6. Pro: Roth options are possible. This is massively compelling to people who wanted to save in a Roth account because they think that tax rates will be higher in the future, but could not due to high earnings.
NOTE: You can only contribute to a Roth plan with your employee contributions, not employer.
7. Pro: Relatively simple to set up.
8. Pro: Flexible investment options.
9. Pro: With a Solo 401k you can borrow up to $50,000 or 50% of your account value whichever is less at a low interest rate. The loan can be used for any purpose.
10. Pro: You control the account. You do not need a custodian to administer the account.
11. Pro: The plans are easy to operate and dont generally have any hidden fees.
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That may be just as well because many financial advisors feel its a good idea to hedge your bets for any tax scenario by investing in a mix of pre-tax and after-tax retirement accounts. room for strategy in the future, says Shon Anderson, a certified financial planner in Dayton, Ohio. Ultimately, the choice of whether to invest your money in a traditional solo 401 versus a Roth solo 401 is a matter of age, income, location and preference.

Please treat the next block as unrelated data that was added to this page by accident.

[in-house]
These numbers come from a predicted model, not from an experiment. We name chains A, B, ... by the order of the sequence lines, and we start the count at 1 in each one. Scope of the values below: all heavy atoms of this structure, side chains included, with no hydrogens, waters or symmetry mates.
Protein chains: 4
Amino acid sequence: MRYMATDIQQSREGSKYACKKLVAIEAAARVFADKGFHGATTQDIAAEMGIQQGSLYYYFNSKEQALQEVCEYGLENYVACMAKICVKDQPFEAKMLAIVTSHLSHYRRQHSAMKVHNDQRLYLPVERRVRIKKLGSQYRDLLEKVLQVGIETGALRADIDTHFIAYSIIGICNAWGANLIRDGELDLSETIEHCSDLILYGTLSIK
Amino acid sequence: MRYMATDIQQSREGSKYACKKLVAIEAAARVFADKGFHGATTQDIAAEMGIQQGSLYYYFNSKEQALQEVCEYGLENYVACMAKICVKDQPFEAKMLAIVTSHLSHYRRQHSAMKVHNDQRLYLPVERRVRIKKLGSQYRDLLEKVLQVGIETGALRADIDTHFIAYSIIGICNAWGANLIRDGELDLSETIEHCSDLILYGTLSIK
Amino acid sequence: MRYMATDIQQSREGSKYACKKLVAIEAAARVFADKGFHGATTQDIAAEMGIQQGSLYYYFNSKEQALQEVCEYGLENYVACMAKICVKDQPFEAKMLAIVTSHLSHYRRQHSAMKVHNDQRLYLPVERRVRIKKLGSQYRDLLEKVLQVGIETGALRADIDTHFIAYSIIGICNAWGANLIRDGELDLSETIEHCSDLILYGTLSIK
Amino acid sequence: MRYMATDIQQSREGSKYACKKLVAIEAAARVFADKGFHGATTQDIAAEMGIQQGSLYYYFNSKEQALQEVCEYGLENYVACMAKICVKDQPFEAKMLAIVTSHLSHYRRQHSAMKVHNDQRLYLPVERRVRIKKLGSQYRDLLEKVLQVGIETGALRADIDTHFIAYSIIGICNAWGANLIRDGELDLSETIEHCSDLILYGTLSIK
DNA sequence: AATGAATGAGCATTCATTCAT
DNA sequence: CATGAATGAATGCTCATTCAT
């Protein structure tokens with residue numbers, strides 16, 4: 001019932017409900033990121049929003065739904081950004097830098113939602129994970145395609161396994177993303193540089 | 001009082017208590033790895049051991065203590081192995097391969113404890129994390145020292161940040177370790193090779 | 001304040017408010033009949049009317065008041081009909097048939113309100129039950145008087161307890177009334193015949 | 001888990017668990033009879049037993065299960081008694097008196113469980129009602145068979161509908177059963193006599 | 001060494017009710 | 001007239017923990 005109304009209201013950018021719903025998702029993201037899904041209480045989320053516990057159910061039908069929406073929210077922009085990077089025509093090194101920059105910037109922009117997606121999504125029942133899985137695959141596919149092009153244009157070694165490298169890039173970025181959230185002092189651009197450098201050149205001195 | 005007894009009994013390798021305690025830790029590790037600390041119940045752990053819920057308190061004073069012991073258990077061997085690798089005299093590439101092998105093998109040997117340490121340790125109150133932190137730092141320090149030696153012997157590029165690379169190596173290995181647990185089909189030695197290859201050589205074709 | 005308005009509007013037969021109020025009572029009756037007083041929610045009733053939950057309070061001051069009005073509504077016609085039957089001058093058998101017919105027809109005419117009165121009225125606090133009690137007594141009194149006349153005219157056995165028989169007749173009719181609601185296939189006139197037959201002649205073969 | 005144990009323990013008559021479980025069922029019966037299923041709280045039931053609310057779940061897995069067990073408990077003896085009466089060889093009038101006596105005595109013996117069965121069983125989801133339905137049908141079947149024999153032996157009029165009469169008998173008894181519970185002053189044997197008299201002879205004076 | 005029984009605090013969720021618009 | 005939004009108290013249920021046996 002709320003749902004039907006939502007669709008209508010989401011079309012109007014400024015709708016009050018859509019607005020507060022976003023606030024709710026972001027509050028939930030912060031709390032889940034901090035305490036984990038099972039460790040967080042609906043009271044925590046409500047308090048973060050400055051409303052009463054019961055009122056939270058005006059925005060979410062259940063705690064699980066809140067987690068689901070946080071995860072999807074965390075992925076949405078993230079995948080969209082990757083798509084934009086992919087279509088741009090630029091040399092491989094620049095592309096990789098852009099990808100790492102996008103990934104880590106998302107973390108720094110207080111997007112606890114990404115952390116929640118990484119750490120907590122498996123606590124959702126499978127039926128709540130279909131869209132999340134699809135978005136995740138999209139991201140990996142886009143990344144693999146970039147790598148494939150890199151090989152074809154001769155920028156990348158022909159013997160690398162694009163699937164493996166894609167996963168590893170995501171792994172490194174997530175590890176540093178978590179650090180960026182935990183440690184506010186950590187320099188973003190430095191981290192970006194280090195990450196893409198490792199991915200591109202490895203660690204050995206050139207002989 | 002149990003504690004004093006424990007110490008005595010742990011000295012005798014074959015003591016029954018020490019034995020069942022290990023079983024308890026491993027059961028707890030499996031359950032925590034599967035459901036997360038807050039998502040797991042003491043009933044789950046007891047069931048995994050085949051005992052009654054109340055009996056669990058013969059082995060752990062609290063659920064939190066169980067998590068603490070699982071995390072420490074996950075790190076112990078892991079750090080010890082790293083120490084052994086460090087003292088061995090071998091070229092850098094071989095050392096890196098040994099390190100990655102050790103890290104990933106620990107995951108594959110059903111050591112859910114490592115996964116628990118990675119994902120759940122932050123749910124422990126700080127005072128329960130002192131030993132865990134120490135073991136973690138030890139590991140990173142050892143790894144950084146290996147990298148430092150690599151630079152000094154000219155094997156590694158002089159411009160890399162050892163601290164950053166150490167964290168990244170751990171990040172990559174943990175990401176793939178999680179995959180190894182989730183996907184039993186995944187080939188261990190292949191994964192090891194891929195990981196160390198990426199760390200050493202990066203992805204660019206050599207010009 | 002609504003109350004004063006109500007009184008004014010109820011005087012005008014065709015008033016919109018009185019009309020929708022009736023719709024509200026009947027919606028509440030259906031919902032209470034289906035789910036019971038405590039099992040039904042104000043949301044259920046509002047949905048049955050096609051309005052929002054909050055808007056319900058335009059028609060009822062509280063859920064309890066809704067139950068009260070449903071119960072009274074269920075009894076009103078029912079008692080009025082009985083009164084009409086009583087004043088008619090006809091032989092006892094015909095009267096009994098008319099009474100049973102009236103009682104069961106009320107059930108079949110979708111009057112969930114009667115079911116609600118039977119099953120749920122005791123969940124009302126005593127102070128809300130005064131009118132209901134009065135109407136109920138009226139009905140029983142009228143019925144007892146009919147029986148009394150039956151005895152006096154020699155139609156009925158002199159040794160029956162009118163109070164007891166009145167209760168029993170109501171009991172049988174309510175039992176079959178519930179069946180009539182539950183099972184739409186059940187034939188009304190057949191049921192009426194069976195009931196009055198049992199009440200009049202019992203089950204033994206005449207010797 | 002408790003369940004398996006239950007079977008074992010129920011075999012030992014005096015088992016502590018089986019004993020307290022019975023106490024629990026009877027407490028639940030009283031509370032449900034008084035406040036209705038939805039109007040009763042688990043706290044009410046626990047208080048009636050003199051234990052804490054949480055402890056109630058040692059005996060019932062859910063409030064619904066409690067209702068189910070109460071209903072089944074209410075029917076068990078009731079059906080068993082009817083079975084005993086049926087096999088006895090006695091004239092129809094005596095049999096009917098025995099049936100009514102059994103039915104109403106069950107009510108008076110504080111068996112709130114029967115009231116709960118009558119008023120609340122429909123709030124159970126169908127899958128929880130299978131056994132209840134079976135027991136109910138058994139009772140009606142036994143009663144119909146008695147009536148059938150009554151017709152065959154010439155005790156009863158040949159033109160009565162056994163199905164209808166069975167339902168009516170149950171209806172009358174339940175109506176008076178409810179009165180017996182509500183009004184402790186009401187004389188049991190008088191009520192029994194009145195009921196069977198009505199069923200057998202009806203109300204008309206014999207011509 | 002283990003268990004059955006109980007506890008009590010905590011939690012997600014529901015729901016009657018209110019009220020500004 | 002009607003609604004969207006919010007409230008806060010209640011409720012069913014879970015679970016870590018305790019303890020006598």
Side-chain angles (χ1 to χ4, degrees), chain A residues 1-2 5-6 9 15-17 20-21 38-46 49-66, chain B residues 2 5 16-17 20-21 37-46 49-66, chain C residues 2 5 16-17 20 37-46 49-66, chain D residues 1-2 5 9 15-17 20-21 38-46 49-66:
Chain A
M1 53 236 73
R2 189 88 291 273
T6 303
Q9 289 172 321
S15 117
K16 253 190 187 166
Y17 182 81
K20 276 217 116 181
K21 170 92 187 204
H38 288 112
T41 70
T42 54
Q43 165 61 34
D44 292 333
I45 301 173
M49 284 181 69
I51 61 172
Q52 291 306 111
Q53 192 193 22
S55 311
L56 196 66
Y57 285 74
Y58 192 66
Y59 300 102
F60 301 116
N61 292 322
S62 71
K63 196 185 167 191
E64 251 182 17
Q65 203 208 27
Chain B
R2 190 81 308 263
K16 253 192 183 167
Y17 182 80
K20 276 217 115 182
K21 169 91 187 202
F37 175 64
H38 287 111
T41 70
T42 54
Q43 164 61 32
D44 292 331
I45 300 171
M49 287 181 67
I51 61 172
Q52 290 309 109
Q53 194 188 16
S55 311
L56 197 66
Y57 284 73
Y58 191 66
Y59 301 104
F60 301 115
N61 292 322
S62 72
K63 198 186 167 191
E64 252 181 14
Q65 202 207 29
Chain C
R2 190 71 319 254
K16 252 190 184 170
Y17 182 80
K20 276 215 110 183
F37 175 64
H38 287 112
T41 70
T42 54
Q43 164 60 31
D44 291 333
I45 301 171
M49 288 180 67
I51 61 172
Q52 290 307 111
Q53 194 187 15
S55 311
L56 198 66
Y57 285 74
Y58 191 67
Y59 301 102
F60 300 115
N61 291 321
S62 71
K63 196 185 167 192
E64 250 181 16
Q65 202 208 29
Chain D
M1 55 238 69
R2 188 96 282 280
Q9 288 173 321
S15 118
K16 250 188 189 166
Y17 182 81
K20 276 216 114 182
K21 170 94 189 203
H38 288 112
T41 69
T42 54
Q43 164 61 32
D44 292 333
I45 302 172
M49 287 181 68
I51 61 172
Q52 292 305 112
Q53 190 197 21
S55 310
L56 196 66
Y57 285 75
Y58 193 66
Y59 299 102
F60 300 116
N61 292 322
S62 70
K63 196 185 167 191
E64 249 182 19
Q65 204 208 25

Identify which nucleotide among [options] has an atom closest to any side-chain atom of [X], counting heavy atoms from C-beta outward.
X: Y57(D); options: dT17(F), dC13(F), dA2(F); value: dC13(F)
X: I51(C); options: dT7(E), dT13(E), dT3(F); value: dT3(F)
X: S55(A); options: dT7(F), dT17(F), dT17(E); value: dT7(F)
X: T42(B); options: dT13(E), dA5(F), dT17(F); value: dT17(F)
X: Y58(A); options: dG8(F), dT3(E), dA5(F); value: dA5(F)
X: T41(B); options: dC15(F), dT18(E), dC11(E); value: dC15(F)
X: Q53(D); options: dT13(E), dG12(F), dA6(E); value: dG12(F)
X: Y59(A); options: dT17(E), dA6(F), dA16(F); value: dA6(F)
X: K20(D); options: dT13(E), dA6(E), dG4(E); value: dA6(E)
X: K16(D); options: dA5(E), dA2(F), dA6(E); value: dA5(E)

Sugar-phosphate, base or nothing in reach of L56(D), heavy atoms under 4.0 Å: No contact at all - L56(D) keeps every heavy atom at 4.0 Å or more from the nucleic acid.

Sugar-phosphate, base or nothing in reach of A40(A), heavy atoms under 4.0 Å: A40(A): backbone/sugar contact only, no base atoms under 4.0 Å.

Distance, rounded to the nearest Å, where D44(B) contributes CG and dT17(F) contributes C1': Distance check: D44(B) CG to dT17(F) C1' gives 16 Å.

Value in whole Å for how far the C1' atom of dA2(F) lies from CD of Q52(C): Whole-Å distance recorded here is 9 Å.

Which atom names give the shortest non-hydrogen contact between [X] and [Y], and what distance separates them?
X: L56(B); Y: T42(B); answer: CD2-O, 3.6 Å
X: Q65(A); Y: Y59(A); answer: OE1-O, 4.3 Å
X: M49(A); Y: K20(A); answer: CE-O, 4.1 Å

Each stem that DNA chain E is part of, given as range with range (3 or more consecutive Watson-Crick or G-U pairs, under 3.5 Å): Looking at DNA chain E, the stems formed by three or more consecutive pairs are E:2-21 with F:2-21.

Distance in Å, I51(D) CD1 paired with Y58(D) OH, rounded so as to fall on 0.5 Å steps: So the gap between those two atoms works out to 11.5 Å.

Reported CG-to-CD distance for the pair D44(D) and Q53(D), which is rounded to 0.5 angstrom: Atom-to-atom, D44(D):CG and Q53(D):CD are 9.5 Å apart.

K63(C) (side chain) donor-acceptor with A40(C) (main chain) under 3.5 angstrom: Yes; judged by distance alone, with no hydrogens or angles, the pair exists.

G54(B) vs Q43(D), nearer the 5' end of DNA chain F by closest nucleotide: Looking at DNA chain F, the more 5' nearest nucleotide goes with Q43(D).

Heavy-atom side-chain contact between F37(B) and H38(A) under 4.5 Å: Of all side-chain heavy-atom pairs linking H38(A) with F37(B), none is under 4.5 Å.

Administering A Solo 401 Plan
Once your Solo 401 plan exceeds $250,000 in assets at the end of the year, the IRS requires you file an annual Form 5500 EZ. Or if you ever terminate the plan, you must also file a Form 5500 EZ.
Unlike Traditional 401 plans, there are no compliance testing requirements to ensure Solo 401 plans do not favor highly compensated employees and are non-discriminatory, as long as you have no employees participating in the plan.
These plans can be called Self-Directed 401, Individual 401, Individual Roth 401, Self-Employed 401, Personal 401 or One-Participant 401 depending upon the vendor offering the plan services.